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Bull or Bear? The Ultimate Source of Market Instability

This is a syndicated repost published with the permission of oftwominds-Charles Hugh Smith. To view original, click here. Opinions herein are not those of the Wall Street Examiner or Lee Adler. Reposting does not imply endorsement. The information presented is for educational or entertainment purposes and is not individual investment advice.

Everyone wants a trend they can trade for effortless gains. That may no longer be realistic.

Market commentators tend to focus on Bulls and Bears and Federal Reserve policies as drivers of stock market gyrations, but there’s a far more profound dynamic working beneath these veneers: the forces of adaptation and evolution transforming the economy and society as conditions change.

While the general expectation is that the post-Covid economy “should” revert to the stability of 2019, this ignores what was already unraveling in 2019. The global economy experienced fundamental shifts in technology, production, energy, capital flows, labor, currencies and geopolitics in the past 25 years, and all these forces are not just in motion but accelerating in ways that are destabilizing the status quo.

The necessity of adaptation and evolution can be summed up very simply: adapt or die. This is the natural state not just of Nature and species but of systems such as societies and economies. Those which cling on to failing models stagnate and decay, while those which embrace dissent, transparency and a constant churn of experimentation and trial-and-error will adapt and evolve and emerge stronger and more adaptable.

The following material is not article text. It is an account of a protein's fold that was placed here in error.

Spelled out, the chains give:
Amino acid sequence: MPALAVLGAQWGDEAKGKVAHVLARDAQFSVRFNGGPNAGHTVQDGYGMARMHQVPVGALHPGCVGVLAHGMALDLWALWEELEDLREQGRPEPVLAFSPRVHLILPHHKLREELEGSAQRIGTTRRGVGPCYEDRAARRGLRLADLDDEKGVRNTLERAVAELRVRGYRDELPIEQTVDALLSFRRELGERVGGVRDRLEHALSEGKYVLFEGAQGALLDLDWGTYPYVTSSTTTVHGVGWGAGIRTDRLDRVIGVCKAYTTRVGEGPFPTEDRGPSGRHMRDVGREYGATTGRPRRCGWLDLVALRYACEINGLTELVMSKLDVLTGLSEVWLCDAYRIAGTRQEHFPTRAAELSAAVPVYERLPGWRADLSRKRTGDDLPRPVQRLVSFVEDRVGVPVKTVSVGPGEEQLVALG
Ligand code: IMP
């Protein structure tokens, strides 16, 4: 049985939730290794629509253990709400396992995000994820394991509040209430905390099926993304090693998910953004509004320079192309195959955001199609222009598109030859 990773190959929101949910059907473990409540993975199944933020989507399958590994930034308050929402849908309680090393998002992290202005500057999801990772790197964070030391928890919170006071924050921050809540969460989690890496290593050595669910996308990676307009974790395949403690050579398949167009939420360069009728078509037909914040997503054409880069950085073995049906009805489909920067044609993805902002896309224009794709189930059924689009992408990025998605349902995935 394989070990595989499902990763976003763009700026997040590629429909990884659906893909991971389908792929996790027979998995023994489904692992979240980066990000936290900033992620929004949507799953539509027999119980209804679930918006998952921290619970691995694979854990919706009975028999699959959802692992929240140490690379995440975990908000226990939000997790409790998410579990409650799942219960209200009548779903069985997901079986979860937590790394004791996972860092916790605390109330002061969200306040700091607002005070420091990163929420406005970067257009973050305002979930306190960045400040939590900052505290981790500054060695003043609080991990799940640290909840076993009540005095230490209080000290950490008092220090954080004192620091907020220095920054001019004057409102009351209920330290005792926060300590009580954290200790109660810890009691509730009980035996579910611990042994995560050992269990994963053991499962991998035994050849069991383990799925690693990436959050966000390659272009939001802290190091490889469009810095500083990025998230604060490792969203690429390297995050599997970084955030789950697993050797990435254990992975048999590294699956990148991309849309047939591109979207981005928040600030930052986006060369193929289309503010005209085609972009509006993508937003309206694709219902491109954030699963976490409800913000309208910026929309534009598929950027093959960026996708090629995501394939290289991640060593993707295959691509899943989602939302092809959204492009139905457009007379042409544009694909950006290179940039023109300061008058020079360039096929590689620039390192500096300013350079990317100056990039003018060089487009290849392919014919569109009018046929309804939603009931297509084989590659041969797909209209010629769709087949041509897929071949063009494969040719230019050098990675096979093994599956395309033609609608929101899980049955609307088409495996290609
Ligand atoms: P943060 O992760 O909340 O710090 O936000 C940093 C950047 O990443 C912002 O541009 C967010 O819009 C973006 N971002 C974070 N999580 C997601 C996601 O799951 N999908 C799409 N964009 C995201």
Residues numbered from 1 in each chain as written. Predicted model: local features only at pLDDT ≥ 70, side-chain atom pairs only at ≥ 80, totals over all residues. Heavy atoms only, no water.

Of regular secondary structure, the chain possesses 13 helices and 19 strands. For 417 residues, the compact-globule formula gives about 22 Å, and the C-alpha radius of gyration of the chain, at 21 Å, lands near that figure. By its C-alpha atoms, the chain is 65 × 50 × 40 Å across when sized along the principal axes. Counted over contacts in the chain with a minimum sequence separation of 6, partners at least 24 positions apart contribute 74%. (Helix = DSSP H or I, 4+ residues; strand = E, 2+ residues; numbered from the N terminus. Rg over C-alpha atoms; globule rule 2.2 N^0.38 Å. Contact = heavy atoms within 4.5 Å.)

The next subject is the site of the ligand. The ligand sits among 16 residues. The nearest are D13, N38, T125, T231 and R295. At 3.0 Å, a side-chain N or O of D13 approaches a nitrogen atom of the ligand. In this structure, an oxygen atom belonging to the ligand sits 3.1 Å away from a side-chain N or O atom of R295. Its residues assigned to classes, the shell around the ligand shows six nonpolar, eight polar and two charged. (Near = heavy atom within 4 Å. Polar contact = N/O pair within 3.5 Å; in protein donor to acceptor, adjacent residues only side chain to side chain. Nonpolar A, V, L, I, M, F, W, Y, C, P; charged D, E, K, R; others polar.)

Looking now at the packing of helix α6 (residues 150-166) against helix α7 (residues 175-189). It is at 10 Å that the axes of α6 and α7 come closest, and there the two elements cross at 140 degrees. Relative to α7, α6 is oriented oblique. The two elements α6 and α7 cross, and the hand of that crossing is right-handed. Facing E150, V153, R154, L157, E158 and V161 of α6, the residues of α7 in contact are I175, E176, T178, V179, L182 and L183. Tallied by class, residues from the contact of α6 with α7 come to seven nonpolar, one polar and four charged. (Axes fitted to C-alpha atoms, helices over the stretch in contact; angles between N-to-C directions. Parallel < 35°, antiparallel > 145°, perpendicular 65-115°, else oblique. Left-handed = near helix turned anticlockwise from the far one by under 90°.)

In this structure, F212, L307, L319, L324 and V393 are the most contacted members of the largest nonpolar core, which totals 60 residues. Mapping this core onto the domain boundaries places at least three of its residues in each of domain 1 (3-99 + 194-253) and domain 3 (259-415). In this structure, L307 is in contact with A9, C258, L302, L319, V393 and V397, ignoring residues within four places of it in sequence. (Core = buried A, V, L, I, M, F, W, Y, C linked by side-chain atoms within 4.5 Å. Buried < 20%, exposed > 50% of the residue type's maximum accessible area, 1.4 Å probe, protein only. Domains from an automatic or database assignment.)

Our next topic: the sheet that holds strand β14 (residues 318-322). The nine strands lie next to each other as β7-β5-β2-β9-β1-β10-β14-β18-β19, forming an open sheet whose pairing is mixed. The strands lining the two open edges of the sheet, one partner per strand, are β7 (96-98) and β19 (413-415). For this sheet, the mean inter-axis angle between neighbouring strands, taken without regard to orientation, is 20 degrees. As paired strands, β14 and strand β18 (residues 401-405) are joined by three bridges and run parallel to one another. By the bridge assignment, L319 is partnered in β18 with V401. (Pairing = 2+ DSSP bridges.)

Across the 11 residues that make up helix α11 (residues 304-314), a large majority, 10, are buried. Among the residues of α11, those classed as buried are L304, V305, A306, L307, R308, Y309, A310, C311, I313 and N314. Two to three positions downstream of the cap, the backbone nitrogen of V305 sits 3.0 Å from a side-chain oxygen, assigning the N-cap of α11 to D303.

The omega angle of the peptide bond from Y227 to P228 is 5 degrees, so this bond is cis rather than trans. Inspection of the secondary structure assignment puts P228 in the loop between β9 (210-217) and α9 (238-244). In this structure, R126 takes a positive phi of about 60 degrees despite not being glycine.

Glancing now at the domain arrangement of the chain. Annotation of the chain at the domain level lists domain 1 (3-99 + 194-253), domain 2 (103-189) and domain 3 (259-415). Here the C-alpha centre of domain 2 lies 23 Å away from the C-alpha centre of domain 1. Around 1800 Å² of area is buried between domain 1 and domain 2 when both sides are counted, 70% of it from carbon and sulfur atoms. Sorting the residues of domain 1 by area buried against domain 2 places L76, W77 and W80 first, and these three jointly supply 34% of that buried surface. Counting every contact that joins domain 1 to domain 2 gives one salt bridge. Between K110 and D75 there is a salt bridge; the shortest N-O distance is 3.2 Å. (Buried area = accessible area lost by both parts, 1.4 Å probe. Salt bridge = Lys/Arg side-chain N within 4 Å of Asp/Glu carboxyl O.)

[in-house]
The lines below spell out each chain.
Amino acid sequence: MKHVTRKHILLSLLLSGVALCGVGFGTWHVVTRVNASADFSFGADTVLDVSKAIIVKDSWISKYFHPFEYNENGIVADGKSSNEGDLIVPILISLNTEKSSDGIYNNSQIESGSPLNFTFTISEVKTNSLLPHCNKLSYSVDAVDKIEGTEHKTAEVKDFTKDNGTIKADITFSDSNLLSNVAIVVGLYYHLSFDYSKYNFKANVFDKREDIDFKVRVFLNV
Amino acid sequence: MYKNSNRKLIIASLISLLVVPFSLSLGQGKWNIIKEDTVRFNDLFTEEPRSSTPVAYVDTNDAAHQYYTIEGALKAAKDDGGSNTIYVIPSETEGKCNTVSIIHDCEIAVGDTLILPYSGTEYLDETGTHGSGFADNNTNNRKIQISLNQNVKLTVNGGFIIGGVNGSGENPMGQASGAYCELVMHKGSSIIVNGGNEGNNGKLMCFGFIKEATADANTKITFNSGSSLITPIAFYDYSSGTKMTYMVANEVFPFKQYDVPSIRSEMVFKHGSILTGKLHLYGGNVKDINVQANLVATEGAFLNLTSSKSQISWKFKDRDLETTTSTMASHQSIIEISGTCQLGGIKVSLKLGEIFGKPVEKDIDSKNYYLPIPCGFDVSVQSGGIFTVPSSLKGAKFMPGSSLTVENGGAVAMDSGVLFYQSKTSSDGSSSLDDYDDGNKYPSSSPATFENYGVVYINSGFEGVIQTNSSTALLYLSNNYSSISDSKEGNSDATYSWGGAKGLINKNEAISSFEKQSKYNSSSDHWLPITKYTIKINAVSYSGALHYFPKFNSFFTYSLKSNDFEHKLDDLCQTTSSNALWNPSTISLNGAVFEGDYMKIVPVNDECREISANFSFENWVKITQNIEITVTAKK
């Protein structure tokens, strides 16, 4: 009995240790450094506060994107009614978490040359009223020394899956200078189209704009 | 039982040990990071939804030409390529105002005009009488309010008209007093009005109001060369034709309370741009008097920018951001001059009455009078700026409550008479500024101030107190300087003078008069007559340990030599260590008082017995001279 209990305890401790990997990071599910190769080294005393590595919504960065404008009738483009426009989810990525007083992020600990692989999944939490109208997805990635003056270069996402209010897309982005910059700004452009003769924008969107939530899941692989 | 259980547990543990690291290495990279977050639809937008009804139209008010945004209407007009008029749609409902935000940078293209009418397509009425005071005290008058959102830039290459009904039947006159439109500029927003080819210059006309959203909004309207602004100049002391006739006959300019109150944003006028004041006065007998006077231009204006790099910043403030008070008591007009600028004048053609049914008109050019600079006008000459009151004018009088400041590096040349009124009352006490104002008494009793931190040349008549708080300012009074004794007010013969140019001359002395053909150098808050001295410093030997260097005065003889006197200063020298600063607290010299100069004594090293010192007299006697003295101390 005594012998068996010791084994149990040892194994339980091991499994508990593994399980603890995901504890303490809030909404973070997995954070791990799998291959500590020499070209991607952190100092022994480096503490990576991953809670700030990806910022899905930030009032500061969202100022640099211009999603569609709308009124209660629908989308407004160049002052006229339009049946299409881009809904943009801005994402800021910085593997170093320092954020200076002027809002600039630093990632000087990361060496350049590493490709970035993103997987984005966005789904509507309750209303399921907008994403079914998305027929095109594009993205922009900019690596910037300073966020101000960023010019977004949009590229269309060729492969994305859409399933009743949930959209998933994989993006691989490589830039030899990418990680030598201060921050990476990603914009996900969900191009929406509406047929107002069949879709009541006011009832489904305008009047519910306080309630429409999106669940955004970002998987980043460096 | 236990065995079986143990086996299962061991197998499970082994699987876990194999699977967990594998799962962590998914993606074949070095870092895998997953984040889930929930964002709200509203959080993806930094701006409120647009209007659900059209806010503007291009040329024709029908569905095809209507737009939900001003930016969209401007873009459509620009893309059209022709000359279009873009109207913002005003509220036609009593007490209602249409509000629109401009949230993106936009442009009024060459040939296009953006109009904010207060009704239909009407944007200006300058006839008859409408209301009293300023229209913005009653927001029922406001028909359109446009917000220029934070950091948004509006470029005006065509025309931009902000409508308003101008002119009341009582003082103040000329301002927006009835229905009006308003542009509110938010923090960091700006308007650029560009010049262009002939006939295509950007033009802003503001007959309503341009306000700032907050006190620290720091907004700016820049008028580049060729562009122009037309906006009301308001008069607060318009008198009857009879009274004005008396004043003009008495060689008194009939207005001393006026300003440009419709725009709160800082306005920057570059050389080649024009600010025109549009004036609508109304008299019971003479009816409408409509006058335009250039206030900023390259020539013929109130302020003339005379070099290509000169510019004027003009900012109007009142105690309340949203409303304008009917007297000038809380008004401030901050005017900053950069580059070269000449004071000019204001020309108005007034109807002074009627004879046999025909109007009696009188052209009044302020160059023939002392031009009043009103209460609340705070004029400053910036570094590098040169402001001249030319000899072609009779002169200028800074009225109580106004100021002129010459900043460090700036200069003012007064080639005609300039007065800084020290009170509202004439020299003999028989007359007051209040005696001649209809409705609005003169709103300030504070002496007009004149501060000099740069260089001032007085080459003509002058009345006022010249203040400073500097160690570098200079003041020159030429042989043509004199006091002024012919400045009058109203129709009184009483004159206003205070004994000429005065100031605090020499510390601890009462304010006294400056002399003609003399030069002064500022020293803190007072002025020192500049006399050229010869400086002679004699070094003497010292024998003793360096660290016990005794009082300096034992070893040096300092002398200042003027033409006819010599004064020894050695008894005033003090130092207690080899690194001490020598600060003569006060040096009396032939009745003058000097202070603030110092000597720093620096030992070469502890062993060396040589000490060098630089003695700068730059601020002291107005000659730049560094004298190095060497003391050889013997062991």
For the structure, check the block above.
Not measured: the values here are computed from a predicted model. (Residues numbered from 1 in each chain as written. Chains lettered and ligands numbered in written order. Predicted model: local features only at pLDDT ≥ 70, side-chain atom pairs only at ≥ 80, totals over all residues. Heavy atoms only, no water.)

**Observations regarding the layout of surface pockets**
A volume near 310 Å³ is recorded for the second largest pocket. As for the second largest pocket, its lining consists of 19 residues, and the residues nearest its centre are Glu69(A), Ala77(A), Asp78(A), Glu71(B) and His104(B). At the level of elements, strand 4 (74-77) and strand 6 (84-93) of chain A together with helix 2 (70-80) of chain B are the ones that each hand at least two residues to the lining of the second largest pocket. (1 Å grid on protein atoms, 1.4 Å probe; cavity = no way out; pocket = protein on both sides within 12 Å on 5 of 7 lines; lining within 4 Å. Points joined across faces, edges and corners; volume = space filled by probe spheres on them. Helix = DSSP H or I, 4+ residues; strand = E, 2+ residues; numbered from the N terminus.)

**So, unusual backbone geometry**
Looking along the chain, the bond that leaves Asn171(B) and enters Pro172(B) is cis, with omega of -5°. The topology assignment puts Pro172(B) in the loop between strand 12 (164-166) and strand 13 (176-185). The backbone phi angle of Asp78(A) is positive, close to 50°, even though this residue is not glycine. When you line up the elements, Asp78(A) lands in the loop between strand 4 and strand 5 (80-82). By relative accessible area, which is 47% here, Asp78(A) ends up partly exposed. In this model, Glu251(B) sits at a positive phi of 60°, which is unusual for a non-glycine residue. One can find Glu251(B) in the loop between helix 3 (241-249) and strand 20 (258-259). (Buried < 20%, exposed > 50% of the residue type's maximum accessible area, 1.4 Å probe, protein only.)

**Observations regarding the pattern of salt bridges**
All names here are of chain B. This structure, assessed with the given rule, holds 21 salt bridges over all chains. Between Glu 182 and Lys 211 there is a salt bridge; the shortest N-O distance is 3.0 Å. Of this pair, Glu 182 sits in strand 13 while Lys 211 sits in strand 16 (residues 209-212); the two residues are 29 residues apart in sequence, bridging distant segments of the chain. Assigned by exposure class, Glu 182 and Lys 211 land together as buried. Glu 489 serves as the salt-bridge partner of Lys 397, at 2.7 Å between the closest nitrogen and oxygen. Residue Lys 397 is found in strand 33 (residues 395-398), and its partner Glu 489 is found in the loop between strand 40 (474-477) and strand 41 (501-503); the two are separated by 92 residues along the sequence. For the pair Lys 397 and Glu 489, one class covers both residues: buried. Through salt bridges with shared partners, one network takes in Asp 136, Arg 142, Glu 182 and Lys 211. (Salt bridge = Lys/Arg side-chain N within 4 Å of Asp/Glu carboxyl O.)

The US economy went through a comparable period of instability and forced adaptation in the 1970s, a dynamic I explored in The Forgotten History of the 1970s (January 13, 2023). Everyone benefiting from the status quo arrangements fought the much-needed changes tooth and nail, and so progress was uneven. Transitioning to a more efficient and responsive industrial base required tremendous capital investments and scaling up new technologies.

The transition is more costly and takes more time than we would like; the 1970s transition took about a decade. We can anticipate a similar scale of capital investment and time will be needed for this structural adaptation.

As the chart below illustrates, the 1970s was characterized by high inflation and big swings up and down in the stock market. Successful adaptations generated hope for quick recovery, while lagging adaptations tempered the hope with painful realities.

Again, it is likely that the decade ahead will track this same general dynamic of big swings generated by hope that the worst is over and the realities that progress is only partial and instability still reigns.

Everyone wants a trend they can trade for effortless gains. That may no longer be realistic.

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